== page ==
Confectionary giant Cadbury has detailed changes to some of its production processes which will save 300 tonnes of CO2 and £59,500 a year.
The firm has achieved the reduction by replacing the motors and drive belts on the gum stoves at its Jelly Baby making Trebor Basset factory in Sheffield with more efficient ones. The upgrades provide only the power needed and have variable settings to suit demand.
“The new specification is much more efficient than our previous set up and we’re really starting to see a healthy reduction in our energy consumption,” said chief engineer at the factory, Tim Jeffries. “With careful monitoring, we have discovered that the previous 11kw motors were more powerful than we actually needed. The (new) 4kw motors are equally effective and, with the Polychain belts and variable drives, they are remarkably economical.”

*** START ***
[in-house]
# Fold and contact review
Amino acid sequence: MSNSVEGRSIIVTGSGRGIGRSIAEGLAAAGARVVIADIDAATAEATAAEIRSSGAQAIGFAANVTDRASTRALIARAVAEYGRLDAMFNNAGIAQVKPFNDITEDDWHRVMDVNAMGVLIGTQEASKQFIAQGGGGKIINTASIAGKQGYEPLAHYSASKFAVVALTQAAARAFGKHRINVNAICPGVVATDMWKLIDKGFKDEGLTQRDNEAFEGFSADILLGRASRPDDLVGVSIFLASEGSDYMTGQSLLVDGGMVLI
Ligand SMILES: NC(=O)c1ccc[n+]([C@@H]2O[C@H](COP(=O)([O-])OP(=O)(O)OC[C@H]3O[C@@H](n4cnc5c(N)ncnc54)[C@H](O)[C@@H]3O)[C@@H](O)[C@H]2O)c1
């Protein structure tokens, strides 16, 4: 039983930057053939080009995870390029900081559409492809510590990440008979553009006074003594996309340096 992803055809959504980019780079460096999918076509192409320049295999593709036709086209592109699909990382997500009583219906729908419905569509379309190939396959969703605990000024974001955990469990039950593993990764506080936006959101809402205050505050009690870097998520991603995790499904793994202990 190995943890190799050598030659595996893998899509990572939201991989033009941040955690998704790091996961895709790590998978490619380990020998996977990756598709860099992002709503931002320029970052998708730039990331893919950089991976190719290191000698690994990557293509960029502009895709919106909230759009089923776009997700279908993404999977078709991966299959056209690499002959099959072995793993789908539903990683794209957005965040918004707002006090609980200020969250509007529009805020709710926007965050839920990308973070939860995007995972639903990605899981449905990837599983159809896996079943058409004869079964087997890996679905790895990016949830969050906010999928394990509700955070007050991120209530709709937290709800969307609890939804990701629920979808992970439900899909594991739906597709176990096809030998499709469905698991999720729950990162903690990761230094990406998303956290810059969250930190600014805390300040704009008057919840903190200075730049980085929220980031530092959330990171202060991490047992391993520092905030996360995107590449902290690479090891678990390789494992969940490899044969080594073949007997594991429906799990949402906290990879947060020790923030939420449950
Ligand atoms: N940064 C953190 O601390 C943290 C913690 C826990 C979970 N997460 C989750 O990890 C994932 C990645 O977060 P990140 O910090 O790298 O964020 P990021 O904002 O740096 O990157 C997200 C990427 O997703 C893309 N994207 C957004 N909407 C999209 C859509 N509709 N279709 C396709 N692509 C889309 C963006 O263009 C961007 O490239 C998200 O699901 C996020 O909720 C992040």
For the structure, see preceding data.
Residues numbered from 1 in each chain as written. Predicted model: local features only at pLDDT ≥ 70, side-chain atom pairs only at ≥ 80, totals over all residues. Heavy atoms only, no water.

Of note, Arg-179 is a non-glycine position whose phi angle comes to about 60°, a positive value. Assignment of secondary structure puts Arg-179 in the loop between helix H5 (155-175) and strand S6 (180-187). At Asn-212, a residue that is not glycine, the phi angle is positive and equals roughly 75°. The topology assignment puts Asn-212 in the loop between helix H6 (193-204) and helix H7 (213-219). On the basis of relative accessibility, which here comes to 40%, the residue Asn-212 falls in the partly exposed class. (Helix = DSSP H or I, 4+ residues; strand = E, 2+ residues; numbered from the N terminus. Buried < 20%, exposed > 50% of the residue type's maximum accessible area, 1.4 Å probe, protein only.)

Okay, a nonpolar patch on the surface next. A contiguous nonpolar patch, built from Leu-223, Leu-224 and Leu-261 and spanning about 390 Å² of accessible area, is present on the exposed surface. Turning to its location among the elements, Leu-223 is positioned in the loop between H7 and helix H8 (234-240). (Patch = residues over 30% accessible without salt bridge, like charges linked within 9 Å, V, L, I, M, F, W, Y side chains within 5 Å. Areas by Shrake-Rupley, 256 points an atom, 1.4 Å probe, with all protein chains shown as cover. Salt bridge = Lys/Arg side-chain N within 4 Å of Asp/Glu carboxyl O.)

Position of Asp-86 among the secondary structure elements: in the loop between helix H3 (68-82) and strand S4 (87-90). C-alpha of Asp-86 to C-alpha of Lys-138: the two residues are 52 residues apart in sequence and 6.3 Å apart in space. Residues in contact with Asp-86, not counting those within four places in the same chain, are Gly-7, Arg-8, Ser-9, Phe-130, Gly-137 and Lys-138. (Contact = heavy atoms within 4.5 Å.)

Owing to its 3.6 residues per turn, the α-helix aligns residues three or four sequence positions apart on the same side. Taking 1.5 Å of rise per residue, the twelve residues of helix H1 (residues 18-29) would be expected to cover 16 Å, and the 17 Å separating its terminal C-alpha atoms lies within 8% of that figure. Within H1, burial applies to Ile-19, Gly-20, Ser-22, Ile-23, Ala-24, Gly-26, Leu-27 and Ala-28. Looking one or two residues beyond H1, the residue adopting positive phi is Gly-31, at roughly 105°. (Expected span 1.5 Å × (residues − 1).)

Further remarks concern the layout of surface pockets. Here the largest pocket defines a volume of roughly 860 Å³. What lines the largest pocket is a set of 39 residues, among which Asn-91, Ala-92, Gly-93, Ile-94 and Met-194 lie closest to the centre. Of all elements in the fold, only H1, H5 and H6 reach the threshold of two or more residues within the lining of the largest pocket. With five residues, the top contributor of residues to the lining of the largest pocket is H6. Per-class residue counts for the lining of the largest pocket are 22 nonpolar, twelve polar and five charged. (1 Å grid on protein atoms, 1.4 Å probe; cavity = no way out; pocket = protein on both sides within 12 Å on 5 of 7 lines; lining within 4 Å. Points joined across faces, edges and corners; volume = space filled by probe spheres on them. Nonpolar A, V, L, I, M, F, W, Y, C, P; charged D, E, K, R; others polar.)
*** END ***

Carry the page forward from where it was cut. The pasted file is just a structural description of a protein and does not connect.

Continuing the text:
The changes were orchestrated by industrial support firm Brammer. Its head of marketing, Jeremy Salisbury, said: “It’s important that any manufacturing operation looks to make itself as efficient as possible to improve competitiveness but, if you’re committed to making a difference to the environment, energy efficiency has a double benefit. Cadbury is backing up its commitment to carbon savings and is reaping the financial savings as a result”.
The upgrades were made as part of Cadbury’s “Purple Goes Green” campaign which has the overall aim of cutting the firm’s carbon emissions 50 per cent by the year 2020.